Further to Anthony Archer's question (Q9) concerning young people's attitudes on the Church's stance on sexuality, and the Bishop of Ely's response that young people's views should inform and shape the Church's mission including education....
On the subject of state-funded Church of England schools, will gay and lesbian sexuality be promoted as legitimate expressions of human sexuality in these schools? will faith schools assert that sex should only be for heterosexual partners? will teachers, as role models, be able to openly inform pupils they are in lesbian and gay relationships and marriages? and will LGBT support groups be allowed and encouraged in school? The answer to another question (Q24) covers these concerns, but leaves me unconvinced about provision and care, and the impact (that Anthony alludes to) on young people's perception of the Church of England.
If civil government is funding faith schools, should those schools promote and encourage the values (of equal marriage, LGBT rights and legitimacy) of civil society to young people? If LGBT orientation and identity are not positively promoted, does that not leave young people feeling unvalidated and in some senses stigmatised by the faith ethos that permeates their education?
Should Parliament have a say in what faith schools should teach on sexuality (given a/state funding b/the vulnerability of LGBT young people if their identity gets vilified as sin)? If gay and lesbian sexuality are not positively promoted in schools, does that devalue and demoralise LGBT youth, and erase their sexuality as something to be suppressed or overcome? And does it play into the hands of homophobes and bullies, by confirming the lesbian and gay expression as somehow less open, less accepted, and 'less right'?
I was most surprised to read, on page 5 of the questions and answers, that the Shared Conversations showed little appetite for changing the church's teaching on marriage (presumably even to the extent of acknowledging the validity of second marriages after divorce). Of course few people would have expected any immediate changes to canon law. But it was my impression, from what participants said, that many would have liked to see liturgical marking of marriages of same-sex couples and eventually church weddings. This would, I thimk, be the view of about half the people who identify as Church of England members who have an opinion on the matter. Perhaps those who took part could comment?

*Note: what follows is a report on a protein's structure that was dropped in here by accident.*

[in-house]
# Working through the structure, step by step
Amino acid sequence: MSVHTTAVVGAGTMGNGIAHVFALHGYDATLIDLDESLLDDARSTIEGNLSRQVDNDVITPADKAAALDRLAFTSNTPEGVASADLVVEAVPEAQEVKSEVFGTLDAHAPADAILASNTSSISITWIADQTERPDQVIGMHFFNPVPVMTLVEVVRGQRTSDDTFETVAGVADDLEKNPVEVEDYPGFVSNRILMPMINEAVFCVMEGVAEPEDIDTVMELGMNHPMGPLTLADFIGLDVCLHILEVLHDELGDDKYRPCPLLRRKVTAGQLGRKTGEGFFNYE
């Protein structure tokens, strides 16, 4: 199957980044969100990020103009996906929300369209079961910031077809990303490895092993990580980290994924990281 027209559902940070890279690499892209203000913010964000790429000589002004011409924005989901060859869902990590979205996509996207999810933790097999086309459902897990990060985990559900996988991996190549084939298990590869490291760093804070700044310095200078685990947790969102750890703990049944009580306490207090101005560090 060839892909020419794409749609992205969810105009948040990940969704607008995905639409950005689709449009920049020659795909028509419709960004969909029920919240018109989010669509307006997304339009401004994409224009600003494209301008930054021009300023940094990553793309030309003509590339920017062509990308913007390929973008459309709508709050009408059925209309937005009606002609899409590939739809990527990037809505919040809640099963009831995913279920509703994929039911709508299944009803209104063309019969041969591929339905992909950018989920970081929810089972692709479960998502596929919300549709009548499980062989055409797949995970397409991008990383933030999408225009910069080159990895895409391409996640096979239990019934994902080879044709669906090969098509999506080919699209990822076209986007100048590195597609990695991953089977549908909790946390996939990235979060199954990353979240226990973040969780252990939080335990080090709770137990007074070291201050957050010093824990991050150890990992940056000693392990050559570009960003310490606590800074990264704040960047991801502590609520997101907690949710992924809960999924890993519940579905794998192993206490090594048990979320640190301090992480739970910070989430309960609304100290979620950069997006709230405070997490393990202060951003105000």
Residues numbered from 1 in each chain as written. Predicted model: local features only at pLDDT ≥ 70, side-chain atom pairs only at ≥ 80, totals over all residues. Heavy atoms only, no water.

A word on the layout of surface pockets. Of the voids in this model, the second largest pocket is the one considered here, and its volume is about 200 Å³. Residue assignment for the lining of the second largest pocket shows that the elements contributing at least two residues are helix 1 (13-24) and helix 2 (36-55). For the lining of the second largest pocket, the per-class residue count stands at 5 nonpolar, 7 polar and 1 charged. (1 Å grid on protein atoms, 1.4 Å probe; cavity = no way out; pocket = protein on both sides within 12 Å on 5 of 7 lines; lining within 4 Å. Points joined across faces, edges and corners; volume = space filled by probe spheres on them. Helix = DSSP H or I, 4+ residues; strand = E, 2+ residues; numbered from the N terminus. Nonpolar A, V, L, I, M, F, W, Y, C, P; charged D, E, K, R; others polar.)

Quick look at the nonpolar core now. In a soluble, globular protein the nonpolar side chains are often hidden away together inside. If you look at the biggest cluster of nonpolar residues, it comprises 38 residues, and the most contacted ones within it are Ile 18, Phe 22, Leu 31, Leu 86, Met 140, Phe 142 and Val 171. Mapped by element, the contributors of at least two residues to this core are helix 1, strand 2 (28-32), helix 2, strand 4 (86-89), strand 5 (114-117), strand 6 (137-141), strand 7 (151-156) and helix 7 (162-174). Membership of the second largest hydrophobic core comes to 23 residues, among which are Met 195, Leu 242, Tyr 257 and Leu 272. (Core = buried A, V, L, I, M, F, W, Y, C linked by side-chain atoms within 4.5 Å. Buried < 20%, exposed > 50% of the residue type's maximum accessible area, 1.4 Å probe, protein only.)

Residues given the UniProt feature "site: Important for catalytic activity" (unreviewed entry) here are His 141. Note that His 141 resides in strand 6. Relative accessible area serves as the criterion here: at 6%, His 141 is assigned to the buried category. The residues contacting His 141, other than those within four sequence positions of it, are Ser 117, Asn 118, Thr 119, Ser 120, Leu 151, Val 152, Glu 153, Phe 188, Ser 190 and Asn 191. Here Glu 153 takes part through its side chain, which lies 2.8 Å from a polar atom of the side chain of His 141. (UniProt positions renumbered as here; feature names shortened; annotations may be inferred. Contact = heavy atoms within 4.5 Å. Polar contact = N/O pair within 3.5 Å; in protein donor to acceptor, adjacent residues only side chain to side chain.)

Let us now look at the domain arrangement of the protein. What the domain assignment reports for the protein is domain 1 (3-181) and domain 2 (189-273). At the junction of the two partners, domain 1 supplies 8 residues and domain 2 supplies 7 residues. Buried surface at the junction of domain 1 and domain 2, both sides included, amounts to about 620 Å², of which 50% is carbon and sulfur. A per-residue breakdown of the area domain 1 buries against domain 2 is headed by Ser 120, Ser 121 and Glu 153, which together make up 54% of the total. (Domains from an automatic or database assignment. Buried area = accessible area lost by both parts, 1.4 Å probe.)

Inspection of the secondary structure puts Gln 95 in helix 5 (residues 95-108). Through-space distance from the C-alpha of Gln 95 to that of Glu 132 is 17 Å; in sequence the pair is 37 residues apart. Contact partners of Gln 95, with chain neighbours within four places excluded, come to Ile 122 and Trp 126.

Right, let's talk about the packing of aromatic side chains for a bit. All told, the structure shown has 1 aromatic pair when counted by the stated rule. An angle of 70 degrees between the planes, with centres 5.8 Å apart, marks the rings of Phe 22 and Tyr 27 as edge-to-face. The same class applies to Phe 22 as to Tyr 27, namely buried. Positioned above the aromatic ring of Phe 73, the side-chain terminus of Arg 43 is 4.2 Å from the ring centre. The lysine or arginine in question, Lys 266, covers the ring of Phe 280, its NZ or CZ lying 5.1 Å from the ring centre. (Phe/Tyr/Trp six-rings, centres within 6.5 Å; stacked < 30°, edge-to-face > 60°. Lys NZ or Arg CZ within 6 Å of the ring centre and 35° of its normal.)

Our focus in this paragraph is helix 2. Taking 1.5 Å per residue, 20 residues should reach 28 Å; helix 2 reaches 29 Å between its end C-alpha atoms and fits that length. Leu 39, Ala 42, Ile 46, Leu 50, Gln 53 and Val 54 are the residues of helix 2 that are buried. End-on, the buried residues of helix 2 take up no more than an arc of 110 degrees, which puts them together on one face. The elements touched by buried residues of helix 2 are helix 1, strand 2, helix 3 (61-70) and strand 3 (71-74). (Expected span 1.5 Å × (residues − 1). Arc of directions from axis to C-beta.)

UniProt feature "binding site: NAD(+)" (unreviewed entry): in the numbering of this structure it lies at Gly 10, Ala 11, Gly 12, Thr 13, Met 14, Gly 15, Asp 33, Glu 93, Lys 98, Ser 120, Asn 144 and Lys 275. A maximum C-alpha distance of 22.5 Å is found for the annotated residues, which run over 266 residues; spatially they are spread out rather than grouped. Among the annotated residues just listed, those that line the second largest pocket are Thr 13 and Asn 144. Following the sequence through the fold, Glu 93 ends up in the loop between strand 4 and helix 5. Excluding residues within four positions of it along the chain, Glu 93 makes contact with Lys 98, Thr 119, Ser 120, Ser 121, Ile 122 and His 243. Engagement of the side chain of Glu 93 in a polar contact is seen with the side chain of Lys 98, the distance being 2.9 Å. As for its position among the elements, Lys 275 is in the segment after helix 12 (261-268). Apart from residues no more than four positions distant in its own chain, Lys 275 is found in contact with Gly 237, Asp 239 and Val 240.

I got the impression that the shared conversations were confidential and very different in nature to an opinion poll. The suggestion that they could have reliably shown the degree of appetite for changing anything seems absurd.
Live streaming currently not working, at least with Safari. Church House Westminster know this and have said there is a problem. Very sad.
Interesting supplementary question from Priscilla White, asking what work the Bishops are doing on BTQIA individuals and their sexualities.
Reply from the Bishop of Norwich: the bishops haven't got round to doing it yet and they don't yet know how to approach it. Anyone with ideas should offer them.
For a start, on the issue of trans people in and outside the Church, they may find it helpful to get in touch with Bernard and Terry Reed at GIRES, who have huge experience in helping organisations (such as the NMC) in exploring the specific needs and issues around trans people.
It might also be of great assistance if they co-opted Christina Beardsley, and drew on the insights of Chris Dowd who has done valuable research on the subject of Christianity and trans experience.
The assistance, insights, and advice of these four people would be a huge starting point for the bishops. I'm of course also happy to engage, but those four individuals would be go-to people in my opinion.
Re attitude to LGBT issues in church schools: whilst all schools are different, I have just run a selection process for a new Head of the Voluntary Controlled school that I am chair of Governors of. I put in the draft recruitment pack "we are inclusive churches and no one should feel inhibited from applying because of the circumstances of their private life". I was rather expecting to get slapped down, but the Director of Education (someone who presents as quite evangelical) in this Diocese (a Diocese with a Bishop whom I perceive as being somewhat in the Welby evangelical-managerial mould), made no comment and participated positively in our interviews. So credit there.
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